Last modified: Wednesday, March 21, 2007
Zak K. Montgomery
Lieber Memorial Teaching Associate Award -- Founders Day 2007
Doctoral Student in Portuguese
Department of Spanish and Portuguese
College of Arts and Sciences
Indiana University Bloomington
B.A., Kalamazoo College, 2002
M.A., Indiana University, 2004
When Alan, a premed student, entered Zak Montgomery's second-year Spanish class in fall 2004, it was merely to complete the university's foreign language requirement. But Montgomery's teaching fueled Alan's interest in Spanish language and culture, and he asked Montgomery to write him a recommendation for a study abroad program in Seville, Spain.
Alan recently asked Montgomery to write another recommendation, this one for medical school. However, Alan was entering medical school a year later than originally planned—since studying abroad, he had added a Spanish major and spent time working with a nongovernmental organization in the Dominican Republic, using his Spanish skills and his knowledge of medicine to bring dental hygiene supplies and educational materials to remote villages.
That kind of success story is what gives Montgomery satisfaction as an educator. In his view, it is his responsibility to do more than just impart knowledge to students. He strives to help his students connect their educational and personal goals to foreign language instruction, giving them meaningful, practical language skills they can take far beyond his classroom and IU. "My ultimate ambition is for students to invest themselves in some greater goal than just a language requirement," he says.
Montgomery's supervisors in the Department of Spanish and Portuguese praise his ability to engage students and help them understand the benefits of studying a foreign language. "[His] view of teaching . . . reveals a well-rounded and talented instructor who consistently communicates the relevance of foreign language learning to his students," say Emily A. Maguire, assistant professor of Spanish; Silvana Falconi, director of language instruction; and Juan Manuel Soto-Arriví, senior lecturer of Spanish/director of instructional technology, in their nomination letter.
Montgomery takes an interdisciplinary approach to foreign language instruction, bringing elements from across the curriculum into his classes. For example, in Introduction to Spanish Culture, he uses paintings to discuss literary texts such as Cervantes's Don Quixote, while in Intensive First-Year Portuguese, he uses Brazilian and Portuguese lyrics from musical styles such as bossa nova, fado, and forró to demonstrate verb conjugation. "I believe that combining languages and other subject areas such as business, political science, or music in a meaningful way is key to expanding interest in foreign language studies," he says.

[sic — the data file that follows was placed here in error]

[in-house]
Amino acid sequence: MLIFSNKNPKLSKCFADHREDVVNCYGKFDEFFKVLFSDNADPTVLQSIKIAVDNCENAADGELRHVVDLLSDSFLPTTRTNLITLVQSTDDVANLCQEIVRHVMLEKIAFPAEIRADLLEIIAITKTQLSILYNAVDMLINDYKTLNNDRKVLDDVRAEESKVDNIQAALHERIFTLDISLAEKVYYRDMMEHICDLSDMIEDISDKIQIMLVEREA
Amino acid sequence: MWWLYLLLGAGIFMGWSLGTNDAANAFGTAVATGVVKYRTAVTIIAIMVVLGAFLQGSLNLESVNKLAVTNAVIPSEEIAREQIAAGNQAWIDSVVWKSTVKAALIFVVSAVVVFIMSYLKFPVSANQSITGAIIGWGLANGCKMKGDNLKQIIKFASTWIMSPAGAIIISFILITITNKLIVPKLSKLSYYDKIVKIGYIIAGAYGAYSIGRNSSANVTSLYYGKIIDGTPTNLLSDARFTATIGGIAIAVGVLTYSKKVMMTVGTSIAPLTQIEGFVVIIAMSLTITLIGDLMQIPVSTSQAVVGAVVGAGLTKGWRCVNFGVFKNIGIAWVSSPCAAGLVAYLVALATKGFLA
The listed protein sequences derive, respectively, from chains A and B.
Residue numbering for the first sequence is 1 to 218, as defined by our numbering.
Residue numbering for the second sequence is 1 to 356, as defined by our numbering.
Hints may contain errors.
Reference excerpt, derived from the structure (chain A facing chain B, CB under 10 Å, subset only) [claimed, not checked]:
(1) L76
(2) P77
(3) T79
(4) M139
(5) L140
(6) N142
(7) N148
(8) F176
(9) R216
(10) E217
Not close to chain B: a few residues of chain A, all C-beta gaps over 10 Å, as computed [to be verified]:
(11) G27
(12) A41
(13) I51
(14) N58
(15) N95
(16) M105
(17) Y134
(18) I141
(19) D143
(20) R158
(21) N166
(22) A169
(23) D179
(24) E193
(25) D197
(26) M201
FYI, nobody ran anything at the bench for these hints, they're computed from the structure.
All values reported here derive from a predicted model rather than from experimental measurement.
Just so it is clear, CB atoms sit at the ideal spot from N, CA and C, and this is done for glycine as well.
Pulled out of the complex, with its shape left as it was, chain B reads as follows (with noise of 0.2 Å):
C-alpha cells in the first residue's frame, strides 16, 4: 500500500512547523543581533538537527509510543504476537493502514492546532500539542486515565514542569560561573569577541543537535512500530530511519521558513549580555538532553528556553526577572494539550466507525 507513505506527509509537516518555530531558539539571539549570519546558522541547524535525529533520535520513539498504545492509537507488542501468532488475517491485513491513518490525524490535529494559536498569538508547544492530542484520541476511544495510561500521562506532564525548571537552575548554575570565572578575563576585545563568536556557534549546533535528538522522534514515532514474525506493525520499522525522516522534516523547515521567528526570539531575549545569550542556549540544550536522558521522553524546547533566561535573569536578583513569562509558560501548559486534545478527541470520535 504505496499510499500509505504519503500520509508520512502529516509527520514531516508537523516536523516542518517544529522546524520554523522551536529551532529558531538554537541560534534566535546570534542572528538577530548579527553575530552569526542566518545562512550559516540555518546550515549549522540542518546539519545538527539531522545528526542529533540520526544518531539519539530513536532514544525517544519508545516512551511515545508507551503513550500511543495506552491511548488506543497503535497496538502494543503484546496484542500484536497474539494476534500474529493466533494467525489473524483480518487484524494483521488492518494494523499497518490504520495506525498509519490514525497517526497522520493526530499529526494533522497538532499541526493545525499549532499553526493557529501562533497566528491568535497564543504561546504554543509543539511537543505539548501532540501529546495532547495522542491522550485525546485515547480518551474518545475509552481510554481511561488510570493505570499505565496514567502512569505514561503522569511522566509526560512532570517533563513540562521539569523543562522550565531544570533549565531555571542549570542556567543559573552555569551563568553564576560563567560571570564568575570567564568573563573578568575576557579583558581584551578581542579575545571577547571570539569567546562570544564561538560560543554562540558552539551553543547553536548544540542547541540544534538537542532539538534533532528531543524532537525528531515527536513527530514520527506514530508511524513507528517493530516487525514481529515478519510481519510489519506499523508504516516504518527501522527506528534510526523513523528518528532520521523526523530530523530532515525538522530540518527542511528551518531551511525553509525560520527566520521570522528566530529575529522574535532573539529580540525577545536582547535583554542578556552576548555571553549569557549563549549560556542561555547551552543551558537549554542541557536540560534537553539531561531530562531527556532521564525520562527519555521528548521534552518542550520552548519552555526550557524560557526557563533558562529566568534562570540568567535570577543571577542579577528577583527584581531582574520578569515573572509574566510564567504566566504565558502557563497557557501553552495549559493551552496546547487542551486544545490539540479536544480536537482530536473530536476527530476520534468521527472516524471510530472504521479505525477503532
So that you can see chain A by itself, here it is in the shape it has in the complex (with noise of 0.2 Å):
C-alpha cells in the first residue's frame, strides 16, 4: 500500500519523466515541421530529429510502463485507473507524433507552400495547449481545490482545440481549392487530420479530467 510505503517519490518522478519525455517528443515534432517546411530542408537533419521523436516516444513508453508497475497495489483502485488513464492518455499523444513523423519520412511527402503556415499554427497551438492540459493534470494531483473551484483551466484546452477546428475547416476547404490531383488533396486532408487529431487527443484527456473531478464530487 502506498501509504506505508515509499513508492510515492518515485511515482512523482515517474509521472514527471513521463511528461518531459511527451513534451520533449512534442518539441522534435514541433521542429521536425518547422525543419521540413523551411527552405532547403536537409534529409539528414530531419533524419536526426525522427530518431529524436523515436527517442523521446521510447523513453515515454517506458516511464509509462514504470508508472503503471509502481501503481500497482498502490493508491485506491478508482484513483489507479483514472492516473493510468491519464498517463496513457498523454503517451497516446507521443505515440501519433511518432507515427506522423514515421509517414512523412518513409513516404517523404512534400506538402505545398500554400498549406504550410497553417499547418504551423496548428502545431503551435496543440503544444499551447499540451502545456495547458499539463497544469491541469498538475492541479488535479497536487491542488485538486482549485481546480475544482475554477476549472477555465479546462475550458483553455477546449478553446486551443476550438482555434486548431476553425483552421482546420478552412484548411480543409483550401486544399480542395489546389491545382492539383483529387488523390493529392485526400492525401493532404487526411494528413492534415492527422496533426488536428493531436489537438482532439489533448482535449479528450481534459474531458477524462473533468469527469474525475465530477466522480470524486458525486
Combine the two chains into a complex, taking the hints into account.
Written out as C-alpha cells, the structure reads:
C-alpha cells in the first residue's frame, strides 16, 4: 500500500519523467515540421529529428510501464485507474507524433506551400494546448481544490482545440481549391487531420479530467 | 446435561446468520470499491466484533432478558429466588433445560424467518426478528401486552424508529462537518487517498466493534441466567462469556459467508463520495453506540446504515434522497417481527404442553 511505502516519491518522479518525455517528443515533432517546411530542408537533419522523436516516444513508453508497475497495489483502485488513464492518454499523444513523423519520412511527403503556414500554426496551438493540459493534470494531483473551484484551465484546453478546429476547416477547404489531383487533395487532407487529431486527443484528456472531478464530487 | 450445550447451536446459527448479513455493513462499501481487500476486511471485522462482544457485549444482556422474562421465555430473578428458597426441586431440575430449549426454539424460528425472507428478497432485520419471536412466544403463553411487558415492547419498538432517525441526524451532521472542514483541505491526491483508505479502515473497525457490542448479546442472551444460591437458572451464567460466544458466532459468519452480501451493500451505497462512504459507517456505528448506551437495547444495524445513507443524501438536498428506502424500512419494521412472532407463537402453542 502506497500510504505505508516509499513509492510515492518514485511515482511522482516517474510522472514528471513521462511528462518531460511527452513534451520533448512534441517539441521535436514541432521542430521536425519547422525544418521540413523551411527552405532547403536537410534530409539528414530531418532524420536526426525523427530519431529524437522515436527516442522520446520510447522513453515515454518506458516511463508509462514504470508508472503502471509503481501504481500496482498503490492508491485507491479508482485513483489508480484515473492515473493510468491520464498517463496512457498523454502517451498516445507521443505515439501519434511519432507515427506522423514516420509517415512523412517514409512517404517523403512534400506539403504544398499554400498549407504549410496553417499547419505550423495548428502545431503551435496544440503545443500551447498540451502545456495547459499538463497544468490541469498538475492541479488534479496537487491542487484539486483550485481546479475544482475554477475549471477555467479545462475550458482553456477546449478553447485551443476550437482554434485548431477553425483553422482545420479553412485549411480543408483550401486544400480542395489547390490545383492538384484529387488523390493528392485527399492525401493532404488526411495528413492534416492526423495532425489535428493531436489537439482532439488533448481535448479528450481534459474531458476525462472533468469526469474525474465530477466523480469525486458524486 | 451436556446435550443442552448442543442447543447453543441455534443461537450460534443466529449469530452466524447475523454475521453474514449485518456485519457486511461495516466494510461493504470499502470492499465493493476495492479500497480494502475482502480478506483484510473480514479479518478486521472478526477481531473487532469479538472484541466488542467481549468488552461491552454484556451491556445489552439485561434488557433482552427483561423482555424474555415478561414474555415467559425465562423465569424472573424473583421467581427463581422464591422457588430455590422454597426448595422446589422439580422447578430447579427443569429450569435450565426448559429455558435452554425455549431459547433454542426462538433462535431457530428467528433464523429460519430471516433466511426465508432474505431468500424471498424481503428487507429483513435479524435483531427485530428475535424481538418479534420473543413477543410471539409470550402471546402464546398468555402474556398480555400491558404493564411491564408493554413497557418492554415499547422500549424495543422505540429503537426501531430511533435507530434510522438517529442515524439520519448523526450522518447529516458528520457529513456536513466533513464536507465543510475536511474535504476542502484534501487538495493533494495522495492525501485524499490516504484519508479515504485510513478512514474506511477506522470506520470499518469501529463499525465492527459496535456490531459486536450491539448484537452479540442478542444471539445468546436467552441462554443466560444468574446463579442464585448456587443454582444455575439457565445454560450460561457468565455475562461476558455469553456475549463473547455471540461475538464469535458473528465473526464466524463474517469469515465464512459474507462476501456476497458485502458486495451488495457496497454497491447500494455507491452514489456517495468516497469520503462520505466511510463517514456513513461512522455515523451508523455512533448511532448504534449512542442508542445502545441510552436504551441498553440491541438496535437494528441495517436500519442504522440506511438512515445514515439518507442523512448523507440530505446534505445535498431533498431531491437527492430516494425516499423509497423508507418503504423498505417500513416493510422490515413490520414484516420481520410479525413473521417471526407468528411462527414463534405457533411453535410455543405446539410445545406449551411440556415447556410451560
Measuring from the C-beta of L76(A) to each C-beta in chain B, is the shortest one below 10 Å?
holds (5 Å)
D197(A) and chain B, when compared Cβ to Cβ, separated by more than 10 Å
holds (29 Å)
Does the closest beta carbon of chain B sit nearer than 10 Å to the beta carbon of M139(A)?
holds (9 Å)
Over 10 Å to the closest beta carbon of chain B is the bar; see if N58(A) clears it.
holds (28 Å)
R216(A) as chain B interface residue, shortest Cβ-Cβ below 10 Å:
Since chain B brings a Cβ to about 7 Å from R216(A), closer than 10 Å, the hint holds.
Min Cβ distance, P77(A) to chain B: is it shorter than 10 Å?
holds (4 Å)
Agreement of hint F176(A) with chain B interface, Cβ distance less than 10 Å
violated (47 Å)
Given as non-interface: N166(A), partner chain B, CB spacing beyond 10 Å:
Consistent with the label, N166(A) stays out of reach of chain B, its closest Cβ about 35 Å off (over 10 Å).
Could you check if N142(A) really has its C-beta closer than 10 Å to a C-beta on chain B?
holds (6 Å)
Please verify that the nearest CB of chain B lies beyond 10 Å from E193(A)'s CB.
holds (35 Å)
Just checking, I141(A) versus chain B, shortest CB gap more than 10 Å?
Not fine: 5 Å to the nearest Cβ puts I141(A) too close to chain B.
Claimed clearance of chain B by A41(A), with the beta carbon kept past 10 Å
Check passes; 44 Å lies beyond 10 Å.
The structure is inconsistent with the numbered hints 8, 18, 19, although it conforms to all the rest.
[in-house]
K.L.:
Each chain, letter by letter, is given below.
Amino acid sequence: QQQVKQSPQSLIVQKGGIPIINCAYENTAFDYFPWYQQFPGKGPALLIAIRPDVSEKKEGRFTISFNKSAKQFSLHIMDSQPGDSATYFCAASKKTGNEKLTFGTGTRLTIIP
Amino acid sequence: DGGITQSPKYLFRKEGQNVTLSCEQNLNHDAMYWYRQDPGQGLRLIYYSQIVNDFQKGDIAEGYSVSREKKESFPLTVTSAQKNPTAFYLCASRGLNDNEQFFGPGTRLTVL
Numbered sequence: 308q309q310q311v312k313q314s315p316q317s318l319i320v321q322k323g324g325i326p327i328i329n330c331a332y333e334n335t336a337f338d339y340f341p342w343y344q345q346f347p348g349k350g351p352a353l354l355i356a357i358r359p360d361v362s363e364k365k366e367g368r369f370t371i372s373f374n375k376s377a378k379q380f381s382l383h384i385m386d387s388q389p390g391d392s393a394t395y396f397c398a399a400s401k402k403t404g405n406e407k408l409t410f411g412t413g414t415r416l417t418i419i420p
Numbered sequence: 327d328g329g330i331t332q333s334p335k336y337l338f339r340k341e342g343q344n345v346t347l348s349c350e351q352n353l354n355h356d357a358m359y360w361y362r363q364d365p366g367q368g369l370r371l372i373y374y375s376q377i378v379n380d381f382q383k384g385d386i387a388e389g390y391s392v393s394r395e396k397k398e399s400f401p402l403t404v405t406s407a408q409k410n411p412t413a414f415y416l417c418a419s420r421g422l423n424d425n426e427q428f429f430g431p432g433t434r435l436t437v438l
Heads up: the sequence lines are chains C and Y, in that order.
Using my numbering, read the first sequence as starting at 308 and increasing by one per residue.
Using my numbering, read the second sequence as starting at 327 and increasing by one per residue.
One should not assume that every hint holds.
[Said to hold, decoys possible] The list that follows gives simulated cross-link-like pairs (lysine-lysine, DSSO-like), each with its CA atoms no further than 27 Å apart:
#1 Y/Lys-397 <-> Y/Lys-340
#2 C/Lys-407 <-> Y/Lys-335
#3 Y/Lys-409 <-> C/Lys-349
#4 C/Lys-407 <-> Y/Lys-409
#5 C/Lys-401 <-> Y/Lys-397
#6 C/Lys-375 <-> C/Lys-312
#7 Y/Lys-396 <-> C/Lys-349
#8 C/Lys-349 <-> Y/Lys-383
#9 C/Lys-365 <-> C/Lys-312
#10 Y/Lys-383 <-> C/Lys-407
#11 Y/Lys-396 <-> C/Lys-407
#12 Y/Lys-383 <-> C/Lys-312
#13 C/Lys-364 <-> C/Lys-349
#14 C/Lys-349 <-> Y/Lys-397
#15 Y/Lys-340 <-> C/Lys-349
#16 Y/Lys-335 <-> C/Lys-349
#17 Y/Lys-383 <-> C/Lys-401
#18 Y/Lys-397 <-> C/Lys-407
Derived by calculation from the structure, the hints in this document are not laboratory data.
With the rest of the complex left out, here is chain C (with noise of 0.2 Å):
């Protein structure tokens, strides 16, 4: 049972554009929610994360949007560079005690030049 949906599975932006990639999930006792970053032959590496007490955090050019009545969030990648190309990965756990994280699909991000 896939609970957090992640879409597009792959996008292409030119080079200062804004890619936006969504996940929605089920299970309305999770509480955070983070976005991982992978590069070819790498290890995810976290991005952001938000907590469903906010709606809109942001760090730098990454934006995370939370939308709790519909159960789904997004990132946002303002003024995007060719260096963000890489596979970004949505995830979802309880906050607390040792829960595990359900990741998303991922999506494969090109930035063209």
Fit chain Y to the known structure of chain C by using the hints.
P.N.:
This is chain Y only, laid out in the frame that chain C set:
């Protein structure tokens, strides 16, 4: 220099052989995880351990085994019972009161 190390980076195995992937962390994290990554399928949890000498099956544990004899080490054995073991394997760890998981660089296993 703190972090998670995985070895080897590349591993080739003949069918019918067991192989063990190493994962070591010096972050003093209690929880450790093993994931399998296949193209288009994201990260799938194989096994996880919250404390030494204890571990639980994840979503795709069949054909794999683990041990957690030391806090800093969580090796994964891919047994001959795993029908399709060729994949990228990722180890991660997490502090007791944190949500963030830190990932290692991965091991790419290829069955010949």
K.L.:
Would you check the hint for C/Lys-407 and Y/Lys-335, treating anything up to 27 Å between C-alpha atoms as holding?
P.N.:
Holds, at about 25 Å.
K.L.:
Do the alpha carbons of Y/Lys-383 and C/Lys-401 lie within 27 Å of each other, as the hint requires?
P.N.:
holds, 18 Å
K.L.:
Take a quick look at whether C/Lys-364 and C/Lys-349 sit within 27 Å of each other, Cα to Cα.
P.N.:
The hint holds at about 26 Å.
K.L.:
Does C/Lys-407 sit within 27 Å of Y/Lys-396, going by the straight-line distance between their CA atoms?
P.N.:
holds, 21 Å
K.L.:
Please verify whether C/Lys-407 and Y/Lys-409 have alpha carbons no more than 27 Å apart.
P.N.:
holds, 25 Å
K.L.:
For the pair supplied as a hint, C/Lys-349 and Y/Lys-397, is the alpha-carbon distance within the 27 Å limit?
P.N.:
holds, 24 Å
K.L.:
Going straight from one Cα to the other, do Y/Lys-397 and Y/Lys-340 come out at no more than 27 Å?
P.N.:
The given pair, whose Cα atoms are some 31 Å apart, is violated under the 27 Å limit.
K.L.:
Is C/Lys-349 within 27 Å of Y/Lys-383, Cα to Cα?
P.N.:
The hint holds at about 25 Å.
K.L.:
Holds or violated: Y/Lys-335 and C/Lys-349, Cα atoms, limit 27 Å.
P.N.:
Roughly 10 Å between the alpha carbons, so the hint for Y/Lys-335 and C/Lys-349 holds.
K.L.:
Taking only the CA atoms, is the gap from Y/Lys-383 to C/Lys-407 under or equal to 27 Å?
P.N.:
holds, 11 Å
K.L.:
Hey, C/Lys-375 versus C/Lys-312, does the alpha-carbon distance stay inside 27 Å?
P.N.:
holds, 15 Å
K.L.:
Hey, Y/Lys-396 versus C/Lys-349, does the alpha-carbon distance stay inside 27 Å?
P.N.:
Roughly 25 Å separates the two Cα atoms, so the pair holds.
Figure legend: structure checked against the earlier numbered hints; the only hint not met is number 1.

Montgomery's efforts to connect with his students have yielded positive results. Students consistently cite his supportive teaching style as one of his greatest strengths. "He engaged the students in an open, friendly manner, yet still kept on task and facilitated good discussions," writes one former student on a course evaluation.
"What I liked most about the instructor was that he treated everyone with respect," writes another former student. "There was no such thing as a stupid question. Everyone felt free to speak in class."
Montgomery's accomplishments in the classroom earned him the 2005-06 Outstanding Associate Instructor Award in the Department of Spanish and Portuguese. But his passion for connecting foreign language instruction to real-world situations has inspired him to go beyond teaching existing courses to creating new ones. In 2006, Montgomery collaborated with the Portuguese program and the IU Center for International Business and Educational Research to design, market, and implement a new course called Portuguese for Business, which combines basic Portuguese vocabulary and grammar with Brazilian business culture. In fall 2007, he will teach Contemporary Spain and Portugal: From Dictatorship to Democracy, an English-language course he designed to introduce residents of IU's Global Village Living-Learning Center to contemporary Iberia.
Montgomery, who earned a bachelor's degree in economics and business from Kalamazoo College, relishes these additional opportunities to help students use their language skills. "It epitomizes why I am in the foreign language field—to help prepare students for the changing global world through heightened awareness and the opportunity for immersion in other cultures," he says.